A Beginner's Guide To Black Vinegar

Unlike its white or red counterparts, black vinegar does more than season food—it packs a transformative umami punch.

A spoon with black vinegar being poured into it and splashing over the sides with a yellow background Photo, Christie Vuong.

Vinegar is a widely used ingredient prized for its tartness, ability to cut through rich foods, and balance flavours. But unlike white or red vinegars, black vinegar adds a dimension of umami flavour with a slight, lingering sweetness. Bold and complex, it can transform a dish.

Where does it come from?

Originating in China around 480 B.C., there are four major regional Chinese black vinegars with distinct flavours and aromas due to the assortment of grains and formulas used.

The best known is Chinkiang (Zhenjiang) vinegar, which is made with glutinous rice and malt. It’s praised for having a rich texture and robust taste that’s sweet with complex flavour. Shanxi vinegar, meanwhile, uses sorghum, wheat, and barley and is aged for up to five years. Sharp and sweet Sichuan Baoning vinegar is made from wheat bran that’s steeped in traditional medicinal Chinese herbs and aged up to a year. Fujian Yongchun vinegar, which has a red colour, uses the Solera process like sherry that fractionally blends the glutinous rice-based vinegar with mixtures of ready-aged vinegars over three years.

In Japan and Korea, black vinegar is made with brown rice and has a nuttier taste. Taiwan’s crisp and fruitier version is produced in a similar fashion to Worcestershire sauce, steeping rice vinegar with a melange of vegetables or fruit, licorice and sometimes chilies that’s left to ferment for at least a year. The result is a simple and clean aroma, like a young versus an aged wine.

How is it made?

Black vinegar follows a two-step fermentation process like most fruit-based vinegars, but is produced from a combination of grains, such as glutinous or black sticky rice, wheat, millet, sorghum, and barley. It’s aged a minimum of six months and gets its signature colour and umami flavours from the Maillard reaction, a chemical process where carbohydrates react with amino acids.


Many compare black vinegar to balsamic, since both are dark in appearance, and have complex profiles. Both are syrupy but pourable, however black vinegar is less sweet than balsamic and exhibits distinct variations in taste depending on the country or region it’s produced in. Like balsamic, black vinegar is aged, but instead of barrels, most black vinegars are aged in clay pots.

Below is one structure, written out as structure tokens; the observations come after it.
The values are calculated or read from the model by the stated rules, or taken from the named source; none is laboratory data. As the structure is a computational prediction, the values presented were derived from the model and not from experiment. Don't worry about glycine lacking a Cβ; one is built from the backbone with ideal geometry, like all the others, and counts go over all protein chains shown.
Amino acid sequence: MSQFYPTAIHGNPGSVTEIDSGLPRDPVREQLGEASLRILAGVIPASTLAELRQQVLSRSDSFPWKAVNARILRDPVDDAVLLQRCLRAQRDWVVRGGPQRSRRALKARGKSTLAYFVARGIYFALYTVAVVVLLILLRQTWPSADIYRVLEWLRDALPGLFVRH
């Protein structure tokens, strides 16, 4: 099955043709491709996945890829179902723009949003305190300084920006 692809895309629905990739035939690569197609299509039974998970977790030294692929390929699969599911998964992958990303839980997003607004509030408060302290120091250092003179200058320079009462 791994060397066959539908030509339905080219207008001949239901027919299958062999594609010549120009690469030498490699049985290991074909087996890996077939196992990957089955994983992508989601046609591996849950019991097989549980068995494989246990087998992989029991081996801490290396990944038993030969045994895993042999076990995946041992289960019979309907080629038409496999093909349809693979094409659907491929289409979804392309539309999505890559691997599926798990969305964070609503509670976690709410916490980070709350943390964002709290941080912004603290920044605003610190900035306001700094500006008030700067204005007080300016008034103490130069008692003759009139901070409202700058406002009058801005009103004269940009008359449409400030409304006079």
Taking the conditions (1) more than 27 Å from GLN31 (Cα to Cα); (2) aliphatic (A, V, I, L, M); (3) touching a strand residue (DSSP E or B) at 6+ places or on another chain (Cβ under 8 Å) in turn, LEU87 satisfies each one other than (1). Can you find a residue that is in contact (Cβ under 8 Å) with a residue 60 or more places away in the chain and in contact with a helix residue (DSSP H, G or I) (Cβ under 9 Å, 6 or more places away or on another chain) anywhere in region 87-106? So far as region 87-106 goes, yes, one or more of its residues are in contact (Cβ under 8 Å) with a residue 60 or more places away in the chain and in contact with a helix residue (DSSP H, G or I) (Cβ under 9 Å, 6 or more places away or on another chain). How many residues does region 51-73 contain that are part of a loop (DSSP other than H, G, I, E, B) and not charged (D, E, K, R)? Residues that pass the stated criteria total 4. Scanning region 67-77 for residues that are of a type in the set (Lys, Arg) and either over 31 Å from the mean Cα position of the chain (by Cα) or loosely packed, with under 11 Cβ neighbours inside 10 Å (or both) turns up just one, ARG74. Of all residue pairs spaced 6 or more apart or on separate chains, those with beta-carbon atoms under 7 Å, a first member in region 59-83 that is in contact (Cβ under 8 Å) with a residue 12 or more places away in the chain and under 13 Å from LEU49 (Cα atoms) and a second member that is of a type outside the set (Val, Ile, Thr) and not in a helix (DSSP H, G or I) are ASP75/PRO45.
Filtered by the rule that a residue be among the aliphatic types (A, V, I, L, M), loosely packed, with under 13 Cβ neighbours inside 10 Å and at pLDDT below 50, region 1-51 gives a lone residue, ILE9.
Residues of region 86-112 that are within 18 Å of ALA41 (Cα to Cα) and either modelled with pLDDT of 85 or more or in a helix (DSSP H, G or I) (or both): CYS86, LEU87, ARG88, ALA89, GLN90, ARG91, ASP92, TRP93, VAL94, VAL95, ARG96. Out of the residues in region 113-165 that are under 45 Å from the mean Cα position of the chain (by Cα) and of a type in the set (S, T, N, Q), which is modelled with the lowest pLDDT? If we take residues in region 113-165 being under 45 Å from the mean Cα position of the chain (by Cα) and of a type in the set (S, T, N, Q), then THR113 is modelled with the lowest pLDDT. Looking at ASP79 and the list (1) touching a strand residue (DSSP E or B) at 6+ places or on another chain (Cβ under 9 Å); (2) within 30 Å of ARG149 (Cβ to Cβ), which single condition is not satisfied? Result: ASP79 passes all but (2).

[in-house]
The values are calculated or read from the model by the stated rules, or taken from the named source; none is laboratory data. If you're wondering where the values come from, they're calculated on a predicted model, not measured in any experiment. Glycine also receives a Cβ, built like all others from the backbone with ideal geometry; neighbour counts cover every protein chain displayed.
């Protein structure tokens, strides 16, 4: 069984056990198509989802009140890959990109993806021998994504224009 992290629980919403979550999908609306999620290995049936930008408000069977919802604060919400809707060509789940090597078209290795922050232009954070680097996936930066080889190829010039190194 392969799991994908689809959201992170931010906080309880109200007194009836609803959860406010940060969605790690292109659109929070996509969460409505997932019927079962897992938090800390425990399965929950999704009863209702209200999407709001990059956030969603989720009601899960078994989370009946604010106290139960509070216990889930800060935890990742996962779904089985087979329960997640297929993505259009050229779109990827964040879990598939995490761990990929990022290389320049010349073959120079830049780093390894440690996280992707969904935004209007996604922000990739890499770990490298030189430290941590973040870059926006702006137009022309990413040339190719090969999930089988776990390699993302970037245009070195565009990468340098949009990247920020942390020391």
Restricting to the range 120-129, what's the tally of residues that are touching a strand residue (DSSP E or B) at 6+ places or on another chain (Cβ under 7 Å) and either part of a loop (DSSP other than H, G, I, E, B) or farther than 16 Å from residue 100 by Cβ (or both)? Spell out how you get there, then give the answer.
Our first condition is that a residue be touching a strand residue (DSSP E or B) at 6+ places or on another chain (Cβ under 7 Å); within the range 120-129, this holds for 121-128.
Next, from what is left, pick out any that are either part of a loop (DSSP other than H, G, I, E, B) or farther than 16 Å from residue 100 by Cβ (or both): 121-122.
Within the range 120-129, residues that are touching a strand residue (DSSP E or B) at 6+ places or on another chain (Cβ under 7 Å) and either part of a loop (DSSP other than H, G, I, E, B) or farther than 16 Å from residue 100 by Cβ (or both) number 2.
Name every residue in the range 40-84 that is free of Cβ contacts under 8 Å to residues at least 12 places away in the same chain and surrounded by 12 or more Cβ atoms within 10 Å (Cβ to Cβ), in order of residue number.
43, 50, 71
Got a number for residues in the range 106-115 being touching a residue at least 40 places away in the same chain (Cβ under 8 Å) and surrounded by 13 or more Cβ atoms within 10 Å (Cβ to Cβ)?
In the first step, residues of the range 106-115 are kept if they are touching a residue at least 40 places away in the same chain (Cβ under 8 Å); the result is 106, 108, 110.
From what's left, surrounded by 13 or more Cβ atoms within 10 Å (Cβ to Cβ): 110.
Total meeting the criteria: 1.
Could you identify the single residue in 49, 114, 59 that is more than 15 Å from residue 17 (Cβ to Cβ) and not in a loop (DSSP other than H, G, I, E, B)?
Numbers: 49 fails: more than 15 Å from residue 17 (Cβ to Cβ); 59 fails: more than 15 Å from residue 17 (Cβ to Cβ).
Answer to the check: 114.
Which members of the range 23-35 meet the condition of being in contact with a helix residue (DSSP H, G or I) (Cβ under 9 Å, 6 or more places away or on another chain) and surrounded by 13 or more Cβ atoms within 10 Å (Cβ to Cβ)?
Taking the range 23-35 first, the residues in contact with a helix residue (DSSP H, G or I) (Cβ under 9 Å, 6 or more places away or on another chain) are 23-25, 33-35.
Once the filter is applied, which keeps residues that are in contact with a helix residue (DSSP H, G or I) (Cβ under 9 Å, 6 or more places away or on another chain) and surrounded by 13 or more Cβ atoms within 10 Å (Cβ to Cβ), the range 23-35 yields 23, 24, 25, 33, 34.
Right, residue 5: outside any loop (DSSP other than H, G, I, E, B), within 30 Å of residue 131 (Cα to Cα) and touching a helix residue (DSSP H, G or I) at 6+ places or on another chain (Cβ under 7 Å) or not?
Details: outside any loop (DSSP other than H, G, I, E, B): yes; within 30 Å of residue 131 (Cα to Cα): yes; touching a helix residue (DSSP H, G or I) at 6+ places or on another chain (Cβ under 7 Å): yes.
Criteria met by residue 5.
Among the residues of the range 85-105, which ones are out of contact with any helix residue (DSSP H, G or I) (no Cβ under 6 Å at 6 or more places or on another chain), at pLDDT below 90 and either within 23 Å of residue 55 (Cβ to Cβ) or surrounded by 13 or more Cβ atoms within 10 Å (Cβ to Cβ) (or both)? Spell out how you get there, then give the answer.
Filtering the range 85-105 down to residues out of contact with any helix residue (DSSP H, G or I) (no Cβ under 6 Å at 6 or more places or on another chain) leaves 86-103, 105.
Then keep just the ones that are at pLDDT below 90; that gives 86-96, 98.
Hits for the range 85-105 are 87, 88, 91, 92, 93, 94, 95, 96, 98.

How do I cook with it?

As an all-purpose pantry staple, black vinegar has wide applications in Asian cuisines, adding umami, sweetness, and a little acidity to the dishes it’s used in. It can be added to marinades and bastes for fatty meats and fish, used in dressings and sauces, and works in cold appetizers like a smashed cucumber salad and dressing noodles. Its flavour profile can complement any soy sauce-based dish and can replace lemon juice to punch up the flavour of scallops in brown butter.

Regional black vinegars are typically used in dishes specific to that region. Chinkiang, with its sweet, sour, bold and umami taste is ideal in salads—from tofu to wood ear or shredded chicken. It can be reduced with some rock sugar for addictive sweet-and-sour ribs, splashed in to brighten a Chinese cabbage and pork belly stir-fry, and is excellent as a dipping sauce with shredded ginger for dumplings.

Shanxi is great generously splashed on Northern-style boiled dumplings and noodles. Baoning works in Sichuan cold sauces, yuxiang and gongbao dishes, as well in hot and sour soup, while Southern coastal seafood dishes benefit from Yongchun.

Vinegar is used sparingly in Taiwan, where a drop or two adds tang to a thick soup, oyster vermicelli, danzai noodles, and grilled meats. A lighter version known as kurozu in Japan can season Japanese-style sweet and sour chicken or be consumed as a health tonic since it contains plenty of essential amino acids.

What should I look for at the grocery store?


Black vinegar is available in most grocers that sell Asian foods or online. Since a little can go a long way, it's worth splurging a little extra for a high-quality, aged product (which rarely costs more than $30 for a 20-oz. bottle). And while black vinegar doesn’t expire, like any other condiment it’s best to use it before the best before date. Simply store it in a cool, dark place, with the lid tightly screwed on and away from direct sunlight.

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A Beginner's Guide To Black Vinegar

Gold Plum Chinkiang Vinegar, $2.99, 

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A Beginner's Guide To Black Vinegar

Soeos Chinkiang Vinegar, $19,

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